Chicken Colombo (French West Indies)

Photo by Con Poulos

Despite Parisian touches on the gorgeous islands of Guadeloupe, Martinique, St. Martin and St. Barths, the cuisine here skews more Amerindian, African and South Asian. Colombo can be made with meat, fish or chicken. While you can sometimes find ­“Colombo powder” in Caribbean markets stateside, any curry powder works well when combined with the other ingredients.

Caribbean Flavors
  • 1 tablespoon rice flour
  • 3 tablespoons curry powder
  • 1 teaspoon ground allspice
  • ½ teaspoon cayenne pepper
  • 2 teaspoons salt, plus additional to taste
  • 3 pounds bone-in chicken pieces, skin removed, larger pieces cut in half
  • 2 tablespoons vegetable oil
  • 1 red or white onion, diced
  • 4 cloves garlic, minced
  • 1 cup chicken stock
  • 3 tablespoons lime juice
  • 1 (14-ounce) can coconut milk
  • 1 medium potato, cut into 1-inch dice
  • 1 cup 1-inch-diced eggplant
  • 1 medium zucchini or chayote, cut into 1-inch dice

Combine rice flour, curry, allspice, cayenne pepper and salt. Rub half of mixture over chicken. Refrigerate at least 8 hours.

When ready to cook, heat 2 tablespoons oil in deep sauté pan or wide stockpot over medium-high heat. Brown chicken in single layers, working in batches, if necessary.

Remove chicken, and add onion and garlic. Stir occasionally until tender, about 8 minutes.

Add chicken stock and bring to boil, scraping up brown bits from pan bottom. Stir in remaining spice mixture, lime juice and coconut milk.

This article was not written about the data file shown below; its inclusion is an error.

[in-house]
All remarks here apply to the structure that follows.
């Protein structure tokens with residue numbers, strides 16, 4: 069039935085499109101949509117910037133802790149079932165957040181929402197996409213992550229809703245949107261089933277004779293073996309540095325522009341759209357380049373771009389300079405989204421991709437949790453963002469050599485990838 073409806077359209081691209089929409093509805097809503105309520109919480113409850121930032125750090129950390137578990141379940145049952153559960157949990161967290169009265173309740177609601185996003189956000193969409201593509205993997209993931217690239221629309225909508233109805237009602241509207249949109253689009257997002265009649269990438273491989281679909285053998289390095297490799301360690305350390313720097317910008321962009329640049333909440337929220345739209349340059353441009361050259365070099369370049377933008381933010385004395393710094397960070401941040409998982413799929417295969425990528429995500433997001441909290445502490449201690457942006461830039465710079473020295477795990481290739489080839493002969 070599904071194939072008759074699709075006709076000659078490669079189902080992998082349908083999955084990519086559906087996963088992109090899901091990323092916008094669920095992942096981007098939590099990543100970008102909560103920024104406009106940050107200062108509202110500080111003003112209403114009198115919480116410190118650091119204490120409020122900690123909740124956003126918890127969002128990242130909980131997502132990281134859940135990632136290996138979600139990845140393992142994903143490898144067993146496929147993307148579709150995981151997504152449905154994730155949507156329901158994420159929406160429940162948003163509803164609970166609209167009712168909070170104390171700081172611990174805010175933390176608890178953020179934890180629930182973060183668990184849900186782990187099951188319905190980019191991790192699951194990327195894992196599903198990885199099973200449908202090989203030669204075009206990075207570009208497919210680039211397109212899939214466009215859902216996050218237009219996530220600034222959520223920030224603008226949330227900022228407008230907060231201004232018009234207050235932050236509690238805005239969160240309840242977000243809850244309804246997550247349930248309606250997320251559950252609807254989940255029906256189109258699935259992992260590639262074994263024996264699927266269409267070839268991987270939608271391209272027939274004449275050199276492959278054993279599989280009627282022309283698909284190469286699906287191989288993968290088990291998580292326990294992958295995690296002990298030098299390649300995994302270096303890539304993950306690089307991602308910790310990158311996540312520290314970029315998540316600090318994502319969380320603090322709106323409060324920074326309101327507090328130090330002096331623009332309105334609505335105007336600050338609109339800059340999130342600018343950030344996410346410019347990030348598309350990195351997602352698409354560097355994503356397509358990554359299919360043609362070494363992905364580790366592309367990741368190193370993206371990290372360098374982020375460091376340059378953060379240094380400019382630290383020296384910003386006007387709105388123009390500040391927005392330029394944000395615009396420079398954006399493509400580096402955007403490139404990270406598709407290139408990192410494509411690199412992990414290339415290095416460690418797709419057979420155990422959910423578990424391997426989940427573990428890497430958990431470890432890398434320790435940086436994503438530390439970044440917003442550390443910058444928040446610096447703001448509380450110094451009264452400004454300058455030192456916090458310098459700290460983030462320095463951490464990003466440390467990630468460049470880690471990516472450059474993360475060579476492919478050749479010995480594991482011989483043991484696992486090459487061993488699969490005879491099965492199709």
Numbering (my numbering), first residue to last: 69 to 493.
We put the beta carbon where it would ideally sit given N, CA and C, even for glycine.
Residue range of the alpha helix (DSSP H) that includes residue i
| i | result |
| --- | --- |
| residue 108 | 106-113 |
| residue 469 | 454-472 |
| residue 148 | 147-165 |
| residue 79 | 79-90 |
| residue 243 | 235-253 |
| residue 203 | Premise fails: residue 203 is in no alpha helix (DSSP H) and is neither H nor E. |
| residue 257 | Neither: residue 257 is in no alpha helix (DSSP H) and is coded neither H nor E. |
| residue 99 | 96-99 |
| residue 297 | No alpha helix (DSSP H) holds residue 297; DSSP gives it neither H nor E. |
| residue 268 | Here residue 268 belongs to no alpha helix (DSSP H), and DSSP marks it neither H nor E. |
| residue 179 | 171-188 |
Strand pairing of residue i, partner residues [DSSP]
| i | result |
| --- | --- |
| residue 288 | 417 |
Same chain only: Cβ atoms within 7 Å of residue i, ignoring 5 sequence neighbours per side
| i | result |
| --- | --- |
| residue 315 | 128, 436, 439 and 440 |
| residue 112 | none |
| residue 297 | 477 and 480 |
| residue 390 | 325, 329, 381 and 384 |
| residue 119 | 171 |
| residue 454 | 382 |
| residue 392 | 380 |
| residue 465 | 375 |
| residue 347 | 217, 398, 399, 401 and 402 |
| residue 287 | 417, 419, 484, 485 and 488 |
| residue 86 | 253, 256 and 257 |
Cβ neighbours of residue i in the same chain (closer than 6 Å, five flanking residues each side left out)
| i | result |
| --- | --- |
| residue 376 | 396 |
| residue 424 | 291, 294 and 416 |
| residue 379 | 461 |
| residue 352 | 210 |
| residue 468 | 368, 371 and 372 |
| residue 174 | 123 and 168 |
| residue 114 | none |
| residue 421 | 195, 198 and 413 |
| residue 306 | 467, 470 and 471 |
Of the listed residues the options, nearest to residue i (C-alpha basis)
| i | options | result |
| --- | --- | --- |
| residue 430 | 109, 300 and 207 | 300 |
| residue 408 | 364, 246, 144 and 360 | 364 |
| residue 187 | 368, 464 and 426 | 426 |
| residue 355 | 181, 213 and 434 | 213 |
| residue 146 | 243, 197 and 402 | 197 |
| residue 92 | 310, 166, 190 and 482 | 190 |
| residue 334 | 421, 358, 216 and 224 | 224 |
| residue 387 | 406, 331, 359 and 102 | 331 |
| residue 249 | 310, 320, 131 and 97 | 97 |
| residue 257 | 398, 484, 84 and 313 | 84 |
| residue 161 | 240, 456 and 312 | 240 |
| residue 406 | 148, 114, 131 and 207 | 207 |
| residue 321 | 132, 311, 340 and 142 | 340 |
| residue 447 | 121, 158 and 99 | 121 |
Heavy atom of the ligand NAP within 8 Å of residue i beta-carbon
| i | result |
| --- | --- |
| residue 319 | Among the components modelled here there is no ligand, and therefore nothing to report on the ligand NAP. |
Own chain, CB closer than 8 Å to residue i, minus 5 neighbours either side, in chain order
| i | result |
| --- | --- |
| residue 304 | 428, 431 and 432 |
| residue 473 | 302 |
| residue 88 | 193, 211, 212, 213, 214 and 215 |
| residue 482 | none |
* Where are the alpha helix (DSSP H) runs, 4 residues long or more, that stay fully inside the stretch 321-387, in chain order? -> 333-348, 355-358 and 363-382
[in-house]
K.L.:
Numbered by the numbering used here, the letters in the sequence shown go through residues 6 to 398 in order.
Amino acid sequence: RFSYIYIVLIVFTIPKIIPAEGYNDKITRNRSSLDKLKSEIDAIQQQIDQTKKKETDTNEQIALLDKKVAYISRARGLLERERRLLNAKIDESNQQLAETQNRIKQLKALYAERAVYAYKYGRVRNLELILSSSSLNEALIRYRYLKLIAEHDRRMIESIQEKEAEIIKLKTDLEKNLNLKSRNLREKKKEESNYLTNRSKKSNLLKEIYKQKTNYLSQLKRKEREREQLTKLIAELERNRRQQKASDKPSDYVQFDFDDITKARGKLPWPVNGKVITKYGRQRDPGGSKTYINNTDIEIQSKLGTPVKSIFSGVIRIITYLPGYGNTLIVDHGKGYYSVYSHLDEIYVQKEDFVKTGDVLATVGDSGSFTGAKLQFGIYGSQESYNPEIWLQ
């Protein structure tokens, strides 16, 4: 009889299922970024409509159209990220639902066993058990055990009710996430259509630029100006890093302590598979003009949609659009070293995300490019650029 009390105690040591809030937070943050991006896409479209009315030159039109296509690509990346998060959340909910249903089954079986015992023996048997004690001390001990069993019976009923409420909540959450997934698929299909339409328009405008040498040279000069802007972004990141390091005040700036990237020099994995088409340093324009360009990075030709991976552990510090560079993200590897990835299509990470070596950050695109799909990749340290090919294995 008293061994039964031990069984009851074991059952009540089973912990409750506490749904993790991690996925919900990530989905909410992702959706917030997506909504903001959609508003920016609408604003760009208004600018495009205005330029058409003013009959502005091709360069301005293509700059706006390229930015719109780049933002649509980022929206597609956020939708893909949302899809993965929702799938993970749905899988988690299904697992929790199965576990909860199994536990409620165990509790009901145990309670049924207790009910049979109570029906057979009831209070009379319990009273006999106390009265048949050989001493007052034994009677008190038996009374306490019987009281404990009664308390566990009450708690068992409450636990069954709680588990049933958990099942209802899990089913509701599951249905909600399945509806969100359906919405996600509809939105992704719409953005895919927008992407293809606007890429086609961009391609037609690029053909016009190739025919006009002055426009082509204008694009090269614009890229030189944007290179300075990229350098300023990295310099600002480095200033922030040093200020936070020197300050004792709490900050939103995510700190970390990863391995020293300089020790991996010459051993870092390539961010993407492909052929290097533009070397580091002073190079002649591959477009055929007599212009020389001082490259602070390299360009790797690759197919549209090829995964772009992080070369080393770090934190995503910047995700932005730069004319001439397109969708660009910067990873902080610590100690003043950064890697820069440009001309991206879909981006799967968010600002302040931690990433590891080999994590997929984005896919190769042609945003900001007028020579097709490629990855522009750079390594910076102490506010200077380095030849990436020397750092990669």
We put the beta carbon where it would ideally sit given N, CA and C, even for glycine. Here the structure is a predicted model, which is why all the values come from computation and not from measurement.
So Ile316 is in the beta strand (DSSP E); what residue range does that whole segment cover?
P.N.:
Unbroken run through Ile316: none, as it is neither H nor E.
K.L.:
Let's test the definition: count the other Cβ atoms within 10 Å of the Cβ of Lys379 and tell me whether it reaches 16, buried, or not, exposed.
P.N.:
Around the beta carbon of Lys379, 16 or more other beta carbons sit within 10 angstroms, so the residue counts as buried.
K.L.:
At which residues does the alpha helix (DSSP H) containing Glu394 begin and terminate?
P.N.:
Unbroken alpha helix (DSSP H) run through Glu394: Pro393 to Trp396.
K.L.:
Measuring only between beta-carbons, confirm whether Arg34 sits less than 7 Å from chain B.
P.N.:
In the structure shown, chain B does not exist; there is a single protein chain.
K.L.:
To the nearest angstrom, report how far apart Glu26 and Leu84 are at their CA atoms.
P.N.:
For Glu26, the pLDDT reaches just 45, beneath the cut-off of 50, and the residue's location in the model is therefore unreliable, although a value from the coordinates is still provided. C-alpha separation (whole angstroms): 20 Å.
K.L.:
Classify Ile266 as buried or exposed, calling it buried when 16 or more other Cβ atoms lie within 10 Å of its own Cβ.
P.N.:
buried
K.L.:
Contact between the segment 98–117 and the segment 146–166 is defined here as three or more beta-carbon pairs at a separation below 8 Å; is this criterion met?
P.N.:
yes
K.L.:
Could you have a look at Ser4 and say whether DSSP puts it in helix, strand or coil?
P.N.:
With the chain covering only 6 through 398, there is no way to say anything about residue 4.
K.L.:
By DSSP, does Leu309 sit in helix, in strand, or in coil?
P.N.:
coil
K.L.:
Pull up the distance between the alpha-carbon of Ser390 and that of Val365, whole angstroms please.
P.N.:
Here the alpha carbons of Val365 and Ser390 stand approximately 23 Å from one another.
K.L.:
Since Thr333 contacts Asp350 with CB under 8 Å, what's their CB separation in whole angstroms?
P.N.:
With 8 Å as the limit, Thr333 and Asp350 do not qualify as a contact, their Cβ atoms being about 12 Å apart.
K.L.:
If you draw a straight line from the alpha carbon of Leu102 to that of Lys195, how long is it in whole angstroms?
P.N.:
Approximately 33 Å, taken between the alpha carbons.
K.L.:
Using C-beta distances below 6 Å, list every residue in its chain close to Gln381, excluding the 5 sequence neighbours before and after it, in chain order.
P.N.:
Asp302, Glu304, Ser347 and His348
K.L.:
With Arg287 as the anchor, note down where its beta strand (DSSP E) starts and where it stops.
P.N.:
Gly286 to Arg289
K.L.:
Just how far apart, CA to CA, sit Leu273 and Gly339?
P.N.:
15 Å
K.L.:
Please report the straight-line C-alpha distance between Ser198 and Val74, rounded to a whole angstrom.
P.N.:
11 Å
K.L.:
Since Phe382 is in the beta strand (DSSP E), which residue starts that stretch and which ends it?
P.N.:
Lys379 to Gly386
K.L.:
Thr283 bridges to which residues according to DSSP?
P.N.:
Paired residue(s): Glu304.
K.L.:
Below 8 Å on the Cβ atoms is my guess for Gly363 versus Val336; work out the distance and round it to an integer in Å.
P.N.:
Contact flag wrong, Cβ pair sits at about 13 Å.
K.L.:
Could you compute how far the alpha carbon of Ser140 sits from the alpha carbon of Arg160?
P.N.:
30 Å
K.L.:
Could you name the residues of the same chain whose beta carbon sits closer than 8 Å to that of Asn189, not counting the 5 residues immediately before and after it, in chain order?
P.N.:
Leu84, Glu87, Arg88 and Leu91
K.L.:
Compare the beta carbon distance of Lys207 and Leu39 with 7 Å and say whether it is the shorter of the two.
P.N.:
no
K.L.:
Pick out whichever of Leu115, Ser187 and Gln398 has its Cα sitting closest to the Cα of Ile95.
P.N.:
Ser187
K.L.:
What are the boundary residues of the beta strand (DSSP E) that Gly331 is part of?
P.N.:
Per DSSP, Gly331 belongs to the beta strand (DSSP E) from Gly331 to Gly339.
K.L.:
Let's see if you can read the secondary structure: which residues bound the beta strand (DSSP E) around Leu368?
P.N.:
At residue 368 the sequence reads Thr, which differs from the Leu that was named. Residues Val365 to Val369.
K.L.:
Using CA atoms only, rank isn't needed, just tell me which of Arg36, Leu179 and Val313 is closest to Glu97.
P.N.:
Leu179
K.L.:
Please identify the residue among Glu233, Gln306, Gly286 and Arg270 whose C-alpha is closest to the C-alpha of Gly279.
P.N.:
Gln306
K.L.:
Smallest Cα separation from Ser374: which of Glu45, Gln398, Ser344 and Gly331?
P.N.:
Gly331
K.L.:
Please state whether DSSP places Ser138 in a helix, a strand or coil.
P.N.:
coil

Bring to boil, then reduce heat to low. Add chicken and vegetables, cover pan and cook 45 minutes, turning chicken pieces every 15 minutes. Remove chicken when cooked through.

If sauce isn’t thick enough, boil until it becomes consistency of thick cream (sauce should just coat chicken and vegetables). Add salt to taste. Return chicken to pan.

Pass rice alongside. Serves 4.

Pair It

Elvio Cogno 2013 Bricco dei Merli (Barbera d’Alba). Don’t be afraid of pairing red wines with mellow meat curries. This easy-drinking wine opens with scents of ripe, dark-skinned fruit and exotic spices that echo those in the dish. The vibrant, savory palate doles out juicy fruit, ground pepper and anise, set in a framework of racy acidity and softly polished tannins.

Published on September 26, 2016
About the Author
Nils Bernstein
Contributing Editor, Food

A fan of sweet wines, sour beers, and old-school Rioja, Bernstein is an exhaustive traveler in search of new and unsung chefs and restaurants, innovative wine and food pairings, and eating and drinking at the source. In addition to Wine Enthusiast, Bernstein has written for Bon Appetit, Men’s Journal, New York Times, Men’s Fitness, Hemispheres, and Kinfolk, among others.


The latest wine reviews, trends and recipes plus special offers on wine storage and accessories